Metamorphosis does not happen in the life cycles of what are called "higher animals," such as dogs, cats, or human beings. Rather, metamorphosis occurs only in certain "lower animals" like ants, butterflies, sea urchins, and frogs. During the most dramatic example of complete metamorphosis, an organism passes through four distinct stages of development and ends up being a completely different type of organism.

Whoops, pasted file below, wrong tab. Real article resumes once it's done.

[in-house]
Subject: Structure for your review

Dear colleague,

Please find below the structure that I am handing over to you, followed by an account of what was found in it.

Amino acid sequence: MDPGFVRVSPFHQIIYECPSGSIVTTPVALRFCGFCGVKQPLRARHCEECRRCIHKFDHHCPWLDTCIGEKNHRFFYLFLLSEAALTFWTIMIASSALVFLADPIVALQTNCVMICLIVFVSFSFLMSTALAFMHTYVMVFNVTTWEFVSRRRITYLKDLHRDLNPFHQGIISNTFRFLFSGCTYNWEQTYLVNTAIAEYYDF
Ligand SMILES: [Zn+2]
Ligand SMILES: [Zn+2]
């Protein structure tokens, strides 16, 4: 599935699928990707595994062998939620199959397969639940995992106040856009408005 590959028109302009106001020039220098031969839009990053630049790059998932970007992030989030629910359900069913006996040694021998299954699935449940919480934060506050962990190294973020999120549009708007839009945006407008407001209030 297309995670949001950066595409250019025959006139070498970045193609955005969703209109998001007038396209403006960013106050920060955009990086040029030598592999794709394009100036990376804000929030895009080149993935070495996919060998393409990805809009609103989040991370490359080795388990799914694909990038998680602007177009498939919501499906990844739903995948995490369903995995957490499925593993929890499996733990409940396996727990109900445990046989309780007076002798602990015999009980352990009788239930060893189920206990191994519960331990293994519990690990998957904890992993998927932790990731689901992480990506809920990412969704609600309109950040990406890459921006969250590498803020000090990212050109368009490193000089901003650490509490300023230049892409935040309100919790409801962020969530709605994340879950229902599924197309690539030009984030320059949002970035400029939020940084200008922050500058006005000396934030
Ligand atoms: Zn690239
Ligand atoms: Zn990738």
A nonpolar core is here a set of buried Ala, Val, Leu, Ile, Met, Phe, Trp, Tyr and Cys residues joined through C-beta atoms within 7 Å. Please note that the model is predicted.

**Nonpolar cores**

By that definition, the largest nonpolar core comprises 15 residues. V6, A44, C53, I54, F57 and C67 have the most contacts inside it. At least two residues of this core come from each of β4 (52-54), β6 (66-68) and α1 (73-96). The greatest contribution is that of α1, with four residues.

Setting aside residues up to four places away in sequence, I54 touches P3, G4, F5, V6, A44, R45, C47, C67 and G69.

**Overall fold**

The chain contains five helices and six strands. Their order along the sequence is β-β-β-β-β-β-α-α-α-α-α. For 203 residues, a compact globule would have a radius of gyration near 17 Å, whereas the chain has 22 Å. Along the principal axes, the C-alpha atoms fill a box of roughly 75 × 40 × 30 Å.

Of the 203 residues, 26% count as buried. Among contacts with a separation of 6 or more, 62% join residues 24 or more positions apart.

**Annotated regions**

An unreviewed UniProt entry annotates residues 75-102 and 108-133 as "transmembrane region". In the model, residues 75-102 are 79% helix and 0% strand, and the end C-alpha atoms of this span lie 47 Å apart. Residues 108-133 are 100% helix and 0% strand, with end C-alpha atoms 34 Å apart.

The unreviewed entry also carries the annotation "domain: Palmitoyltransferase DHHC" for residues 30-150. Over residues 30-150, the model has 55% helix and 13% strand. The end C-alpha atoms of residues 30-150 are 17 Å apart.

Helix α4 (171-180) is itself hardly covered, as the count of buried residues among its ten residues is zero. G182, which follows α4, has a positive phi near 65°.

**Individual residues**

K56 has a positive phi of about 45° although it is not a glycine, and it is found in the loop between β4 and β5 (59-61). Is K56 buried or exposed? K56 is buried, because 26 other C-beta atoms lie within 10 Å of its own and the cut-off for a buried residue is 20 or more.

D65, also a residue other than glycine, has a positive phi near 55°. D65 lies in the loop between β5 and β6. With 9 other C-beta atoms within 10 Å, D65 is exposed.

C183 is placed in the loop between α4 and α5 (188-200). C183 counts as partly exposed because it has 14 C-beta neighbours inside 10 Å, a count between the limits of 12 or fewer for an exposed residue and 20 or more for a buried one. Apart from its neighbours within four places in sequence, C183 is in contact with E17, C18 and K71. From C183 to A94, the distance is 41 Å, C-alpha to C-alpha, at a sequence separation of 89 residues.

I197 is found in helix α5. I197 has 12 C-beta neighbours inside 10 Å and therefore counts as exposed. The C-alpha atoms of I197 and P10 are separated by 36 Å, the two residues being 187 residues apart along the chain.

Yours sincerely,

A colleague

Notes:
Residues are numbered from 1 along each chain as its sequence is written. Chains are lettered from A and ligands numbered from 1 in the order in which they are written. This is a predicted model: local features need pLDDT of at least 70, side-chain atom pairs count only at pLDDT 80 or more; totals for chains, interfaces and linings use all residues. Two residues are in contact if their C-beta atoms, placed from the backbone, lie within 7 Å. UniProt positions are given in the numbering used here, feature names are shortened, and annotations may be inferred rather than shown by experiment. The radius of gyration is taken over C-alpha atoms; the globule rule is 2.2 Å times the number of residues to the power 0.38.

The butterfly is probably the best-known example of an organism whose life cycle undergoes complete metamorphosis. In its embryonic or egg stage, it is deposited as an egg on a green plant that will serve as its food when it hatches. Its second stage is its feeding time and is called its larva stage. A larva is an insect that is in its wormlike stage. This stage begins when the egg hatches. In the case of a butterfly, what emerges from the egg is a caterpillar. It may be hairy or smooth and have distinct markings or little color according to what species of butterfly its parent was. At this point in its life, the larva or caterpillar has legs, and chewing mouthparts but no wings, and is best described as an eating machine. It looks more like a worm than an insect that will fly. The caterpillar eats and continues to grow and go through several molts (the shedding of its outer skin). As it grows, its body parts continue to be rearranged and modified and it finally matures into an adult caterpillar. At this point, it is ready to enter the third stage of complete metamorphosis called its pupa stage or cocoon stage. When ready, the larva attaches itself to a branch or a twig and forms a protective covering around itself. Butterflies form a hard, shiny shell called a chrysalis that hangs suspended from a twig, while moths spin their coverings out of silk and wrap themselves almost flat against the twig. It is during this pupal or resting stage that the larva changes into the adult butterfly it will eventually become. Inside the chrysalis or cocoon, most of the larva's cells are broken down and new tissues and organs begin to develop. Eventually, an entirely new and different organism is created using the raw materials left by the old one. When this transformation is finished, the chrysalis or cocoon breaks open and the adult butterfly emerges. After its shrunken wings stretch and fill with blood, they soon are strong enough for the butterfly to fly away. This is its final stage—called its adult stage. As an adult, the insect will eventually reproduce and lay its eggs, beginning the cycle and metamorphosis once more.